In the morning, as soon as I wake up, I grab my camera and venture out in hope of some more excellent photos. Perhaps, there's still a few more of those amazing clouds that I witnessed yesterday? And there sure is. A wonderful sunrise greets me as I look for all kinds of compositions here and there, and even some poor animal's skull nearby finds its place in my image collection.
The morning in the Wolfe Creek is warm, quiet and sunny. It's “summer” up here in the North, after all, and it's going to stay like this for the next few months. Not for me, though; my journey takes me away from these lands of spinifex and boabs and back to the winterlands.
With the Mornington now out of the way, I’m quickly approaching the other end of the Gibb River Road, and the last major stop on the way is the Windjana Gorge. On my way there I, as everyone else who travels these parts, notice a giant cliff next to the road shaped like a giant head: Queen Victoria’s, as the its name suggests. I’m not very familiar with the lady herself, though, so I can’t appreciate the similarity, if it does indeed exist.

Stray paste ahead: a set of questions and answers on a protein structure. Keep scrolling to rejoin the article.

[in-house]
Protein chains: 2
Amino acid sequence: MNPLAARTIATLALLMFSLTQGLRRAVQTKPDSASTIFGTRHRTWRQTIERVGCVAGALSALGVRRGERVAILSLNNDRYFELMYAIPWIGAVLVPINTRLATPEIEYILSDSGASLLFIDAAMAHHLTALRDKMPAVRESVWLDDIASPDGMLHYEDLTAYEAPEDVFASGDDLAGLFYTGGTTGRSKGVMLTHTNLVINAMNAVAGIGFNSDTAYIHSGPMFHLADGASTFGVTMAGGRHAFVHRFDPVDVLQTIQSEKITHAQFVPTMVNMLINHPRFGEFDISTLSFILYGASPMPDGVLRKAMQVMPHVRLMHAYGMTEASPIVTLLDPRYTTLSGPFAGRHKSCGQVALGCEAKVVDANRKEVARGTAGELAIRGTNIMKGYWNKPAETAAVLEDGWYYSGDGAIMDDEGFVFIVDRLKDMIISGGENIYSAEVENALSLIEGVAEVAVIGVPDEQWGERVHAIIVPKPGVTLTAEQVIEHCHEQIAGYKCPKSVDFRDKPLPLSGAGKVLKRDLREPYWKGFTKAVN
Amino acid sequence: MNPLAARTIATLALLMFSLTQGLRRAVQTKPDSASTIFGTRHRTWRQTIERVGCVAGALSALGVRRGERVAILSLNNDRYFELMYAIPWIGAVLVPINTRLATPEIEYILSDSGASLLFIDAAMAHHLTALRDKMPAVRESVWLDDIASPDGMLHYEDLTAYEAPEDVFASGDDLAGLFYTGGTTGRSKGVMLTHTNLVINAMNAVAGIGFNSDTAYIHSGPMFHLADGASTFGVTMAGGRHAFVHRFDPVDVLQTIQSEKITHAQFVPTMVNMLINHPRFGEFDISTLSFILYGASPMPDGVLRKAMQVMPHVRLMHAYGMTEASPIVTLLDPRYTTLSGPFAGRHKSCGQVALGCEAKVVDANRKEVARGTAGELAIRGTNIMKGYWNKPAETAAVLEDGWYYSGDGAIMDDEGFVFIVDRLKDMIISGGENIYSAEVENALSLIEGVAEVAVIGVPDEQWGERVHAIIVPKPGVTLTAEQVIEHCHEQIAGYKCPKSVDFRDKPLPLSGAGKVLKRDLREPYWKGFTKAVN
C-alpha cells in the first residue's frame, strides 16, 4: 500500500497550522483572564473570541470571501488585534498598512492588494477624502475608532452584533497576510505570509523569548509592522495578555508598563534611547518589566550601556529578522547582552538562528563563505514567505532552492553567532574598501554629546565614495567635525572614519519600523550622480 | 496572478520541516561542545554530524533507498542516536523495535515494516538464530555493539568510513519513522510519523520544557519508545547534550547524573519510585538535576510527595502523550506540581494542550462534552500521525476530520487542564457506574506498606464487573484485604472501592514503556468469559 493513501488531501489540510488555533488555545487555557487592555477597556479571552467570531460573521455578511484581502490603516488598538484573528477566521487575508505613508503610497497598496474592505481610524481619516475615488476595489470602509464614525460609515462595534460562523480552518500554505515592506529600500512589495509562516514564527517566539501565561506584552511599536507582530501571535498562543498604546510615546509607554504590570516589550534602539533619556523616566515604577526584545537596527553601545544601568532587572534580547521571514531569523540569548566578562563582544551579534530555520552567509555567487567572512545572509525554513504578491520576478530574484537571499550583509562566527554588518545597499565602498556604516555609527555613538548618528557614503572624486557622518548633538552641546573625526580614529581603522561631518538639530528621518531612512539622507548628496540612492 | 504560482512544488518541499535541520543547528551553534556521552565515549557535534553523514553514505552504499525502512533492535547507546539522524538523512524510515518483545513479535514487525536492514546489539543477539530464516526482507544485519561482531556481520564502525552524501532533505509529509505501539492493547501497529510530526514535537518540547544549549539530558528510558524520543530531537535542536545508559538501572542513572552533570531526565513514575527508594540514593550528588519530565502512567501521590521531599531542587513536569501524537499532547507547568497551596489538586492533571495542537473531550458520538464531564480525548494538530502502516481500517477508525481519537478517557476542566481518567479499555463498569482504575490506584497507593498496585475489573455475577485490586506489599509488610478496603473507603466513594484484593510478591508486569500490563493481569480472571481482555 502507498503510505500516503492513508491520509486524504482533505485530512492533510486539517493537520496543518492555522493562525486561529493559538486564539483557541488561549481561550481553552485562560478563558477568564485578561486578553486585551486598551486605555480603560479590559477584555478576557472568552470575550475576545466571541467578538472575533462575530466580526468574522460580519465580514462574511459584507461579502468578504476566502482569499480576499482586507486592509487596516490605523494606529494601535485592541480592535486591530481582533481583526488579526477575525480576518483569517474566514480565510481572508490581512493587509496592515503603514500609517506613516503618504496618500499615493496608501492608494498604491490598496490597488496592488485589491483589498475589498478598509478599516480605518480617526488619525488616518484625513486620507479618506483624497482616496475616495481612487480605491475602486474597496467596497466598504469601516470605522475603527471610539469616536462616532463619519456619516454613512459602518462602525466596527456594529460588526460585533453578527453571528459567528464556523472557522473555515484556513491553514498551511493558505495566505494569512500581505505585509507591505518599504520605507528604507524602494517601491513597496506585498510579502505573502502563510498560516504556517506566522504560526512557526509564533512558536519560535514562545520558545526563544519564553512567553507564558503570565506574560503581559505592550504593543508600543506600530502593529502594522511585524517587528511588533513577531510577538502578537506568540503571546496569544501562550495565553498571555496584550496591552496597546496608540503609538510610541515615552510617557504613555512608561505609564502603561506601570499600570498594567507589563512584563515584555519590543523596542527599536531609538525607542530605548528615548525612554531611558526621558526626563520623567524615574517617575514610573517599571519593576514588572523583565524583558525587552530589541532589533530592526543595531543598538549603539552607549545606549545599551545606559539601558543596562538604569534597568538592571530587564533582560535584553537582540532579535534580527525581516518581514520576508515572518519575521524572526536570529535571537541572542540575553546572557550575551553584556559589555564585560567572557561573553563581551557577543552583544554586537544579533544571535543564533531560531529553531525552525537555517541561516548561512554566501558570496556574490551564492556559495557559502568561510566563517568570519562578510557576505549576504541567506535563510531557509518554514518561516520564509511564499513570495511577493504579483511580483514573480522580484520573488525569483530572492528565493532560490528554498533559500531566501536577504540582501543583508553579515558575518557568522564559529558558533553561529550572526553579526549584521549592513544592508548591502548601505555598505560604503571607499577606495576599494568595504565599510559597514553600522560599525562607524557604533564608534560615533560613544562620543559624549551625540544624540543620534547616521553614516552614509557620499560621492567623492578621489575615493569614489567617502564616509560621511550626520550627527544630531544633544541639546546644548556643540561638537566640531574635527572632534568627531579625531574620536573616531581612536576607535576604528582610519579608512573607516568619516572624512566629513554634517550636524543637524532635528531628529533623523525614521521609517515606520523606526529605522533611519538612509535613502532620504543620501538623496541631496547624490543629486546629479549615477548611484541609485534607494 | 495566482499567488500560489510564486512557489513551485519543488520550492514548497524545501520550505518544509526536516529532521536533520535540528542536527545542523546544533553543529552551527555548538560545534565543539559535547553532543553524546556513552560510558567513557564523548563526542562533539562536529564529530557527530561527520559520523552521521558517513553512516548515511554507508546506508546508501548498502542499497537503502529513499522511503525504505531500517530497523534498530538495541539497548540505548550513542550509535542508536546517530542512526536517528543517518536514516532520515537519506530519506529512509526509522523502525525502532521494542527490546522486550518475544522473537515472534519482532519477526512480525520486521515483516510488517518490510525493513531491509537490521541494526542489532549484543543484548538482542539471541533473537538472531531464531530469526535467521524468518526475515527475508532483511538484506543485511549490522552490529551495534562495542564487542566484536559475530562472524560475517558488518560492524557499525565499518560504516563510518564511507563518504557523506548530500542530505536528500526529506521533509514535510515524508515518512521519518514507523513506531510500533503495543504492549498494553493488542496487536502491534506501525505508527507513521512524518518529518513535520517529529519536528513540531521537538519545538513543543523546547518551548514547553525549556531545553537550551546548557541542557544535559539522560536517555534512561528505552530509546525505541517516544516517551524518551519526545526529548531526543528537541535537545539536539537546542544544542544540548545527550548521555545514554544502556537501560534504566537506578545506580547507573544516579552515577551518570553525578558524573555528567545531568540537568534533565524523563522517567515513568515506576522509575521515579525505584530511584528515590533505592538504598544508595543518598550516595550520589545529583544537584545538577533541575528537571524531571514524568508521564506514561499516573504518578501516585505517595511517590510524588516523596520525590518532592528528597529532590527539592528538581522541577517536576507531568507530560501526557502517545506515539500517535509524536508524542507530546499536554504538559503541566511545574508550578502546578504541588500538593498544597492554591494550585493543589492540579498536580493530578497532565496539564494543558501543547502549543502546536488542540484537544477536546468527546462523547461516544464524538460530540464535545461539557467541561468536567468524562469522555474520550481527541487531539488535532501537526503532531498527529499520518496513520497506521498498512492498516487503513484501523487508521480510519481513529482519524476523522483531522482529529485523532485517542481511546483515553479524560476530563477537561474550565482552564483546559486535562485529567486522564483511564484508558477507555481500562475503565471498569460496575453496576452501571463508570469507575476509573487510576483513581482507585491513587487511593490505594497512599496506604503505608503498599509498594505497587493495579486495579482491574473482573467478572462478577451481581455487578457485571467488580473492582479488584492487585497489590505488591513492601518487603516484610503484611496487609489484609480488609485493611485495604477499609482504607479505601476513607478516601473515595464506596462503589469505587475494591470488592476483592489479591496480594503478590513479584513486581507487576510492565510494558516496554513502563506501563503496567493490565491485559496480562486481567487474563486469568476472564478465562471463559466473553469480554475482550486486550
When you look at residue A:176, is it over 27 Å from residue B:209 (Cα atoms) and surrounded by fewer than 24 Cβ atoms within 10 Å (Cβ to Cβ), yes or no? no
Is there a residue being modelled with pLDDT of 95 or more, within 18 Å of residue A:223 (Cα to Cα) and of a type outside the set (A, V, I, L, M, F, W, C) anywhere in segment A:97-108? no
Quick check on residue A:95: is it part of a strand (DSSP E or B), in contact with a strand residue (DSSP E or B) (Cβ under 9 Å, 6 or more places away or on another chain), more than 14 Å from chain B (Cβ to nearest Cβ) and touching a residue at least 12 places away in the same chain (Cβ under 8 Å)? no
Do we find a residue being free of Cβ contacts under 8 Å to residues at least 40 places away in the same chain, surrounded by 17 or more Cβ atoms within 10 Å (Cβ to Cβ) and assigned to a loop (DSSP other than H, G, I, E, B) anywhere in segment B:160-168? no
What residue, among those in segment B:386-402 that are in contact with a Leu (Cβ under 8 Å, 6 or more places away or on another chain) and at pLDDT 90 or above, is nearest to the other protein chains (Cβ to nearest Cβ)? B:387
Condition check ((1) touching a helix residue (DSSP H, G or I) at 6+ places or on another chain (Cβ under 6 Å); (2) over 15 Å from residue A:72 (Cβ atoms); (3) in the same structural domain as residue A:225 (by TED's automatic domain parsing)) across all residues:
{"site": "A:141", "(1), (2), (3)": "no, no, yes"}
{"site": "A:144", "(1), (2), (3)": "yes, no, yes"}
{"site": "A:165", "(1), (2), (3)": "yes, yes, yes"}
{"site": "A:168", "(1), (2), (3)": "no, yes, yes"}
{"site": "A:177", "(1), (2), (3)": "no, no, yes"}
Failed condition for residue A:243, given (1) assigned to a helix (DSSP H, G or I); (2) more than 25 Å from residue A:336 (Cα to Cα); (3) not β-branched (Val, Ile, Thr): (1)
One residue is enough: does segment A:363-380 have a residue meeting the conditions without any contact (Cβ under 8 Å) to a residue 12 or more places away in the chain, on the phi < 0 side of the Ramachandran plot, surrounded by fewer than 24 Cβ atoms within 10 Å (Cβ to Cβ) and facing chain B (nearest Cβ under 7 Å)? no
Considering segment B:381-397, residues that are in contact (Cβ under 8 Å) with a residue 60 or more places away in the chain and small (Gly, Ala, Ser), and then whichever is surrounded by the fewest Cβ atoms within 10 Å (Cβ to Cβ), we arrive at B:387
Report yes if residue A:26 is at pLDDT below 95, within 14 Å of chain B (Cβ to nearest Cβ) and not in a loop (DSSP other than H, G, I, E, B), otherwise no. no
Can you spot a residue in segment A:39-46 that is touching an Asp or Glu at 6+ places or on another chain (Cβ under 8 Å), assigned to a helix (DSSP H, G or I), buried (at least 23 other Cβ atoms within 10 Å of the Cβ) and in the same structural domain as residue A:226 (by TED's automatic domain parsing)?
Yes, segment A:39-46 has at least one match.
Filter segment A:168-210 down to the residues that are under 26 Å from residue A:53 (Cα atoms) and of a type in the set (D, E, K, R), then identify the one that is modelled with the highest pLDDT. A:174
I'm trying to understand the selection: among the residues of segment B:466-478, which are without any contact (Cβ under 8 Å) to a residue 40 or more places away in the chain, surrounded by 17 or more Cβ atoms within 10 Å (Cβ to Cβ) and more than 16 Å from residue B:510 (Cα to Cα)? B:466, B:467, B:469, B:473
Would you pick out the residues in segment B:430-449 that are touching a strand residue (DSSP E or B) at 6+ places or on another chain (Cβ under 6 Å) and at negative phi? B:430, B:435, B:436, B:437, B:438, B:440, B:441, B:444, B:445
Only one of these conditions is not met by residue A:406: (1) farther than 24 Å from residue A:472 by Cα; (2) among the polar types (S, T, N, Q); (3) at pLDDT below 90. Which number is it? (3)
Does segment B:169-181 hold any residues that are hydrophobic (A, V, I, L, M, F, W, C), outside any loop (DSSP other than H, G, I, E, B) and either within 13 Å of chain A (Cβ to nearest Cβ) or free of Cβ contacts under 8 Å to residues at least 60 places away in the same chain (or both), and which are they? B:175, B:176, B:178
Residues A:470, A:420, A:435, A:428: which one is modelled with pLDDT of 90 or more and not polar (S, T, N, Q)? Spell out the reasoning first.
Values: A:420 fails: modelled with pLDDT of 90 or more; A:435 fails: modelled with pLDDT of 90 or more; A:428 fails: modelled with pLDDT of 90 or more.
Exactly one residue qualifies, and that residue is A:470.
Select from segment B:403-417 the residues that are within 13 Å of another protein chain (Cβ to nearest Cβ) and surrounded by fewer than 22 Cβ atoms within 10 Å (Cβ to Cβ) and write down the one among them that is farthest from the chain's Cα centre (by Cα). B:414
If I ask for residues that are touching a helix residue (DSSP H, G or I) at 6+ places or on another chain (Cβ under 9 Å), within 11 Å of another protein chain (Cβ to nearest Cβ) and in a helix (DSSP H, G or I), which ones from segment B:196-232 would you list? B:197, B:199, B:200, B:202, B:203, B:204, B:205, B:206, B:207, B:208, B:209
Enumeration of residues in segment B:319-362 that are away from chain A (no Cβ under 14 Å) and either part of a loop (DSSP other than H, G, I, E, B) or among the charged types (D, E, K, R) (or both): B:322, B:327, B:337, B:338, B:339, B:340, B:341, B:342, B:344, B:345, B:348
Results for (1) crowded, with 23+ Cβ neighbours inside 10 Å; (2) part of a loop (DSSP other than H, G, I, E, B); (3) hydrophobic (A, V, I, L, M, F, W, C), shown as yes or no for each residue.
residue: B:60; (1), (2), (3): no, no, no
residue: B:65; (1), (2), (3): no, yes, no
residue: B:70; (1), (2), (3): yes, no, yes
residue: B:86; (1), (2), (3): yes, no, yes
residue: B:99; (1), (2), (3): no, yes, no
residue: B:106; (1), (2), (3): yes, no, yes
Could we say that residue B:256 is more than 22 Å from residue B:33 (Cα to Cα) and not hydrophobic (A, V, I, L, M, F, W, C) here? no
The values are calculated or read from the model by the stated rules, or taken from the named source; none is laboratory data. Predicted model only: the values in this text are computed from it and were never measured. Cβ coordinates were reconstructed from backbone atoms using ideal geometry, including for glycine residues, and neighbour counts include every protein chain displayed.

After a chat with the mechanic, I’m slightly more relaxed about the leak, so I decide not to cut my trip too short and visit the nearby Mornington Wildlife Sanctuary as well. Galvans Gorge is just a quick stop on my way there, and it’s very pretty, too.
Before going to bed, I cut the top off a plastic bottle and put it under the car, where the coolant keeps dripping. In the morning, the bottle is already half full. Damn. Well, at least I get to put back in what's already out. Can't do that while I'm driving, though.
In the morning, I head over to the mechanic’s just before the opening time and start waiting. Twenty minutes later I begin to realise that something’s wrong: no one’s around yet, and the entire area looks like it’s been wiped out by a plague. I mean, it’s a small town, but on a Monday morning? I quickly check with Google, and…
Given that I’m still here, and the park pass gives me a few more days of exploration, I decide to visit a couple more places around El Questro—after topping up the coolant, of course. I head over to the 4WD Blanco trail, but even at the very beginning it looks way too intimidating: giant rocks all over the place, etc. Would be nice to improve my off-road driving skills… but probably not with an already leaking radiator (again, if that’s what it is). Some other time.
The night at El Questro was quite warm and pleasant. There was also a live music event of some sort: in the restaurant, a guy with a guitar and a hat was singing songs about red dirt and tool sheds much to the enjoyment of the crowd. Good thing that I camped far enough from all the noise.